WHEN AUSTRALIAN comedian Sam Simmons brings his award winning show, Not A People Person, to this month's Vodafone Comedy Carnival, it will be a double first debut for the Adelaide native.
The carnival will mark Sam's first appearance in Galway. "I hear Galway's beautiful, so I'm looking forward to coming," he tells me during our Monday morning interview. I warn him that many come to the city intending to stay for a short period, only to find themselves still living here years later. "Uh-oh!" comes the reply. The show will also mark his debut in the Republic of Ireland, but having played to Northern audiences already, he is well used to the Irish.
"I've only ever played to Northern Irish audiences," he says. "They were boisterous and vocal, which I love. I think the Australians are laconic and laid back, like you guys, and we were both under the thumb of the English." He then adds mischievously, "…so we've a common enemy!"
While Galway will be a new experience for Sam, Sam will certainly be a new experience for Galway, as his comedy is unlike almost anything else at the Carnival. To call it surrealistic is true, but that term is so overused it is almost a cliché. More accurately, with it' props, drawing boards, costumes, and pre-recorded sounds, Sam's comedy is left-field, unorthodox, and most definitely Absurdist.
Not A People Person has won critical acclaim precisely for its non-traditional approach. Chortle.co.uk called the show an hour of "memorably ridiculous scenes [and] WTF? weirdness"; "exhaustingly funny, daft and truly daring," said Time Out; while Indaily.com.au praised its "absurdist blend of non-sequitur humour, physical presence and hilarious dialogue with the audio montage." Sam, however, describes his comedy thus: "It's like you can't find the remote for the TV and you get stuck on the weird movie, but at the end you say, 'I'm glad I saw that'. That happens for a lot of people."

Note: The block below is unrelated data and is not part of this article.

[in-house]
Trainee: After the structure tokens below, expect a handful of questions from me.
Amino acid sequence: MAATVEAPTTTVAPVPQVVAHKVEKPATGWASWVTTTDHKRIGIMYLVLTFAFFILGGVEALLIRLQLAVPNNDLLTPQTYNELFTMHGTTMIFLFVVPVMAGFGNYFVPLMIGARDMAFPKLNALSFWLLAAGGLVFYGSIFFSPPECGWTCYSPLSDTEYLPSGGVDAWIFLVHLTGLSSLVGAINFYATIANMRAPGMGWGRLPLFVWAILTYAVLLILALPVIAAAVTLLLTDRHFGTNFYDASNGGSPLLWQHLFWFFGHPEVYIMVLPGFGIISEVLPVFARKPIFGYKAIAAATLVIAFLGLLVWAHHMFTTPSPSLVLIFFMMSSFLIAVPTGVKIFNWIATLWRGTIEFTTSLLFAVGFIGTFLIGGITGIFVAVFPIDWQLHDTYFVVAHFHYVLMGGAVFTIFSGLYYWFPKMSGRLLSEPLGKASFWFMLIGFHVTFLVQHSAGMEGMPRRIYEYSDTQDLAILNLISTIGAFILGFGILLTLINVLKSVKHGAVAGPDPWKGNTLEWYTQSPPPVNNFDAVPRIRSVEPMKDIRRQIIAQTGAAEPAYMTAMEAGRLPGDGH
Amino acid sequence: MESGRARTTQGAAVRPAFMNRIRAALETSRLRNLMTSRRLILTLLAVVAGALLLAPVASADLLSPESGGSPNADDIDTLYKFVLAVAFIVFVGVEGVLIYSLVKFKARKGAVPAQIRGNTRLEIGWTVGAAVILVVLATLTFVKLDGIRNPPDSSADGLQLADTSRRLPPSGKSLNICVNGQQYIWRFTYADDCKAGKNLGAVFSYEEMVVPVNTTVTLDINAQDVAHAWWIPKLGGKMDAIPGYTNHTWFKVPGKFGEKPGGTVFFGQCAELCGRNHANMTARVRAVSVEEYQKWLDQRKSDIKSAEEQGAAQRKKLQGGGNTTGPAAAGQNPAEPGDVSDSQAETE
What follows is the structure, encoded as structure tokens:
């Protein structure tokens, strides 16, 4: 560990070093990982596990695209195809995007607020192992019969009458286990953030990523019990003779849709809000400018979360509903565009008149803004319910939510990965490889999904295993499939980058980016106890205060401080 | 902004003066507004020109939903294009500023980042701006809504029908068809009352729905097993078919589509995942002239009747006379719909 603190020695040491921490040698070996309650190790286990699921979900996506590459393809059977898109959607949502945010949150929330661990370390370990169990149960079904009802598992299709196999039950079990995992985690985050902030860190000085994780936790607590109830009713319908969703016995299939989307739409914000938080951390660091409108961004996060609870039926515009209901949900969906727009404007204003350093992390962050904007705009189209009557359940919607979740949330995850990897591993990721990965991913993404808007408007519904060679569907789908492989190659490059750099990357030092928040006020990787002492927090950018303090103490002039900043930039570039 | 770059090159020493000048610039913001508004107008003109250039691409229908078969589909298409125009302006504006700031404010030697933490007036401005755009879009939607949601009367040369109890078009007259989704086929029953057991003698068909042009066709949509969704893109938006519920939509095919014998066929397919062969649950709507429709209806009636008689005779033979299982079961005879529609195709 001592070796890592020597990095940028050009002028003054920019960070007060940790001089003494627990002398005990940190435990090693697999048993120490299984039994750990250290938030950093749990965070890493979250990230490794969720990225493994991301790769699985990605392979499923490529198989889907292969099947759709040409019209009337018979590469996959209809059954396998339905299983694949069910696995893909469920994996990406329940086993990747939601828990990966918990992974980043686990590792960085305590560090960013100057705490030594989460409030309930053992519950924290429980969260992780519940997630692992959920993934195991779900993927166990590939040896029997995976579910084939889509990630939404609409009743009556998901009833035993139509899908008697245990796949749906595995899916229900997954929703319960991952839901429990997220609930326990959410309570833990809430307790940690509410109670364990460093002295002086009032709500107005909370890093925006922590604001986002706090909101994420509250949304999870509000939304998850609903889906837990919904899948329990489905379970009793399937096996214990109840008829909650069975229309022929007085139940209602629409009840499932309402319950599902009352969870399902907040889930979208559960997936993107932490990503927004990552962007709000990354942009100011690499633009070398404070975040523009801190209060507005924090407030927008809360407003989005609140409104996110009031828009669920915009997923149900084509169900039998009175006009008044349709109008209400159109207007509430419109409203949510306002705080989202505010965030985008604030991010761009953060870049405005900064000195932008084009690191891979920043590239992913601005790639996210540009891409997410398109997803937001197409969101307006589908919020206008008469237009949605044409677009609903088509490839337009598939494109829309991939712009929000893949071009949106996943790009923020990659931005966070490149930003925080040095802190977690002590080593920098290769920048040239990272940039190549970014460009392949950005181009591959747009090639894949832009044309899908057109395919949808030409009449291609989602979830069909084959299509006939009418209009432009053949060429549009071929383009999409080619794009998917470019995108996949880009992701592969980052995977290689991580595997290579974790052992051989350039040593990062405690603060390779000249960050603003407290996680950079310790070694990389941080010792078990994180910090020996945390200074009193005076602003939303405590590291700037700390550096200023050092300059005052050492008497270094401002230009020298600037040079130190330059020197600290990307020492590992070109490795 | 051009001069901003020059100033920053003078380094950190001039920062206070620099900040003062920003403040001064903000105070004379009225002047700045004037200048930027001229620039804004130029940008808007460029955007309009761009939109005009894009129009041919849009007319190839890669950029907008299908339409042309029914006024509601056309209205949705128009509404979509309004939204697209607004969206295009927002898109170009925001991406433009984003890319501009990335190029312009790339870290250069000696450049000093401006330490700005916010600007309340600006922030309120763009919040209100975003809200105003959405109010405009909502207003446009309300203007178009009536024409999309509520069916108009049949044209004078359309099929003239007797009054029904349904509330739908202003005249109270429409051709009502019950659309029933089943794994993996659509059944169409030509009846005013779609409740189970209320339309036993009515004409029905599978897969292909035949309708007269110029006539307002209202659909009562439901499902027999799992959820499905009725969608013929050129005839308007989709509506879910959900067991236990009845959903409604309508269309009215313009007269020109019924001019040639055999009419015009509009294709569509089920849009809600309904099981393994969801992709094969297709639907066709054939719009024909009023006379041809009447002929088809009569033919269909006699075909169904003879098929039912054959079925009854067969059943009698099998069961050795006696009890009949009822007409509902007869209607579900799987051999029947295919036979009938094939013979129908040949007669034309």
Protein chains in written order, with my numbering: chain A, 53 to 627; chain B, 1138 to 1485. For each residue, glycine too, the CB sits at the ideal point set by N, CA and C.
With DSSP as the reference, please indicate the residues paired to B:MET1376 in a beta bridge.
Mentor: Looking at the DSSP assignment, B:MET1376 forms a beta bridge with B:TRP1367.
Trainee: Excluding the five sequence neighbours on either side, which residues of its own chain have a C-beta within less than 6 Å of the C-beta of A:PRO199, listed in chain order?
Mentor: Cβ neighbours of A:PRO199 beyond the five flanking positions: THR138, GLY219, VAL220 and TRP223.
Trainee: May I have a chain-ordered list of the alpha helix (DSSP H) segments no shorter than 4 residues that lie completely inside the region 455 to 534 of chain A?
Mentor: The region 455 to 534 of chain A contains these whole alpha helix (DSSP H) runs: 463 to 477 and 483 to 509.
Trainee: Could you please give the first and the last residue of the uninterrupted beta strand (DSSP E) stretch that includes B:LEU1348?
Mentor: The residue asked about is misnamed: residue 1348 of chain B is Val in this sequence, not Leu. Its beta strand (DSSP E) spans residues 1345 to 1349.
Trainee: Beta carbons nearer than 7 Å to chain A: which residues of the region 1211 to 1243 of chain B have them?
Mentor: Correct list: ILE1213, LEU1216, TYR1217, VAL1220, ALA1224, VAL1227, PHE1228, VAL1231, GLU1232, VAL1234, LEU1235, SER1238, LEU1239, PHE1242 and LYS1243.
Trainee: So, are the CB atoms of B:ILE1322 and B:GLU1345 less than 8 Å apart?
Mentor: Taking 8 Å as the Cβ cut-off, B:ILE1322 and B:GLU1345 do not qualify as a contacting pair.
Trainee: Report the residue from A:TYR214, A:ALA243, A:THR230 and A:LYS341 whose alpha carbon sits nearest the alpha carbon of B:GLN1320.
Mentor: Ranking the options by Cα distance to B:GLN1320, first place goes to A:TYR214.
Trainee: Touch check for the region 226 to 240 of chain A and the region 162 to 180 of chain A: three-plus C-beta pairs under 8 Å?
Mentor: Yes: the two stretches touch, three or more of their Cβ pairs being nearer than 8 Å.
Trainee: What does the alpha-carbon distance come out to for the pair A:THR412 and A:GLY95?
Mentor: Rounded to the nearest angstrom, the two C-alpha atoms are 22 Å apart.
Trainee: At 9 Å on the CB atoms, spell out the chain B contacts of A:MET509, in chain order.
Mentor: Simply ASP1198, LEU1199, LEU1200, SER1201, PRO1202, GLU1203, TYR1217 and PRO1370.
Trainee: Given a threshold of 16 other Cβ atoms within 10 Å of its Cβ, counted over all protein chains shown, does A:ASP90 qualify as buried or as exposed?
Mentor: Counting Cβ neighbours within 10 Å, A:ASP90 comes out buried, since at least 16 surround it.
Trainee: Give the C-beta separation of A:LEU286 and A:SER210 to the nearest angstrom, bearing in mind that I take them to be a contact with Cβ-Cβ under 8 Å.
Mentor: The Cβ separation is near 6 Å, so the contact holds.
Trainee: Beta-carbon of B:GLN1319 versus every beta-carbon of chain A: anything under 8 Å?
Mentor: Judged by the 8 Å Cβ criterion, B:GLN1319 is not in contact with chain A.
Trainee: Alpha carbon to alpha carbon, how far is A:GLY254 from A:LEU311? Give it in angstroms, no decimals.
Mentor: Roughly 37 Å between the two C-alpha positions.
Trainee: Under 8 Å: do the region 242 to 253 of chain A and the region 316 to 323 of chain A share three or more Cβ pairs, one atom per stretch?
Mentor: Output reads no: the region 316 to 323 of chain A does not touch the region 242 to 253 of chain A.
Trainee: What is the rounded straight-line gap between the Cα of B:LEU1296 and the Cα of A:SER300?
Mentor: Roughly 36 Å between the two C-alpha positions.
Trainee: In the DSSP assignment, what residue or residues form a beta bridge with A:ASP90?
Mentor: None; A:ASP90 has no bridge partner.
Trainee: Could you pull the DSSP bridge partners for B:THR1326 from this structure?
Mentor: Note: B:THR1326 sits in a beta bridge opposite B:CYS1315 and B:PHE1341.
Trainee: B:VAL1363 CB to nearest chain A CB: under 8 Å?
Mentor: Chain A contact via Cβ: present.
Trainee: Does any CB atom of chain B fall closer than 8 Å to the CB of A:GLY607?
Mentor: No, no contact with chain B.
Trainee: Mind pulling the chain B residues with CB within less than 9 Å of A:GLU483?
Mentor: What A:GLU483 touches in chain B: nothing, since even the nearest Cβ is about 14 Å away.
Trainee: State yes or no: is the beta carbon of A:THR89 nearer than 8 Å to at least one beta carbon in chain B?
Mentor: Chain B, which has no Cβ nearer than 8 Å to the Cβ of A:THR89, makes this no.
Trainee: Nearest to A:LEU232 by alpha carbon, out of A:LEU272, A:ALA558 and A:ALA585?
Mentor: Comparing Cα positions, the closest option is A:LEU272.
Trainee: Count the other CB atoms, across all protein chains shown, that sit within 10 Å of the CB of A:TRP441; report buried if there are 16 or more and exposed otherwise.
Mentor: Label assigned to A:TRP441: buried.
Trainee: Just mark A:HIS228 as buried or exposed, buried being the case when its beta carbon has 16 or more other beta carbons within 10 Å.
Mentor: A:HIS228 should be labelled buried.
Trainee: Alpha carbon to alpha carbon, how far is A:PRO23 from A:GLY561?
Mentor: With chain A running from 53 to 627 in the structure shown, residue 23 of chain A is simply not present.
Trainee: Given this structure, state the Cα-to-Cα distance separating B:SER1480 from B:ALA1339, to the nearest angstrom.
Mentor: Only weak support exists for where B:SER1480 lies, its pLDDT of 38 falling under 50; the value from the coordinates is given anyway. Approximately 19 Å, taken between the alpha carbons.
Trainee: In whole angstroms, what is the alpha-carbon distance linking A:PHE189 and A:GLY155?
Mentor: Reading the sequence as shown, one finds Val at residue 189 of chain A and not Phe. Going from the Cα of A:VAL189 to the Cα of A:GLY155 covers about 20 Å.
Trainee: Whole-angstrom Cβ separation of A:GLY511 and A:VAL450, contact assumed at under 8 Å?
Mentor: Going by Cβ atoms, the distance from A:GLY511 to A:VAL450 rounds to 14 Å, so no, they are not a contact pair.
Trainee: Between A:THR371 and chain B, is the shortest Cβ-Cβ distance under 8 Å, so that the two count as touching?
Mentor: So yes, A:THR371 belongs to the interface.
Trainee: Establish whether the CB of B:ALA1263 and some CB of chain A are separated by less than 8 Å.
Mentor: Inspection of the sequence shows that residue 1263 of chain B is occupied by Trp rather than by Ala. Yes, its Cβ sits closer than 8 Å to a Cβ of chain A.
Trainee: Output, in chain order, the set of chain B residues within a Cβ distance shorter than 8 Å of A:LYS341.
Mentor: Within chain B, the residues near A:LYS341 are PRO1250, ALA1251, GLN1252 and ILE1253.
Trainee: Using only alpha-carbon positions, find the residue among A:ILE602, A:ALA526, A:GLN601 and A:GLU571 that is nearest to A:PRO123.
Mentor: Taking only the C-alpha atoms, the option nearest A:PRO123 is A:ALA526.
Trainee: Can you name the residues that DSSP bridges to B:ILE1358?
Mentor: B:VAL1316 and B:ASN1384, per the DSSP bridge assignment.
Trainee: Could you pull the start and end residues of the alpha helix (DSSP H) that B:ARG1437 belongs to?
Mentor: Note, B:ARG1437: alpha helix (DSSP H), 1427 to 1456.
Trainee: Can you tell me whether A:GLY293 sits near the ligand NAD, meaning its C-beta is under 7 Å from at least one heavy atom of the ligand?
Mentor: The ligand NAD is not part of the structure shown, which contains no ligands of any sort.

The Aussie, who is part Aborigine through his great-grandmother, sees his approach as being more akin to theatre than traditional stand-up. "I respect what stand-up is," he says, "and I get the simplicity of it, but I find myself getting bored with just words. I like to spice it up. It's for me as much as it is for the audience. I want to be challenged and mix soundscapes and costumes and create an experience that crosses over into theatre. It also means I have to haul around a large bag of props and costumes!"
The critical acclaim and numerous awards Sam has won (2015 Fosters Edinburgh Comedy award, best show; 2014 Sydney Comedy Festival Director's Choice Award; 2006 Adelaide Fringe Festival Best Emerging Comedy Award, to name a few ) does not stop audiences from at times finding his work on the challenging side.
"The whole 'man with a microphone' has become such a dominant force in comedy that a lot of the time audiences don't know to expect any different," Sam says. "Some might see it and go 'That's weird. Bye!' but my comedy is gregarious and silly. For me, it's not necessarily about the audience closing up, it's about wanting them to let go."
There is also a part of Sam which relishes audience confusion and confrontation. "I approach it all in a pretty gentle way but I'm nasty as hell," he says. "I will bite back! I love a heckle, oh God I just love a heckle!"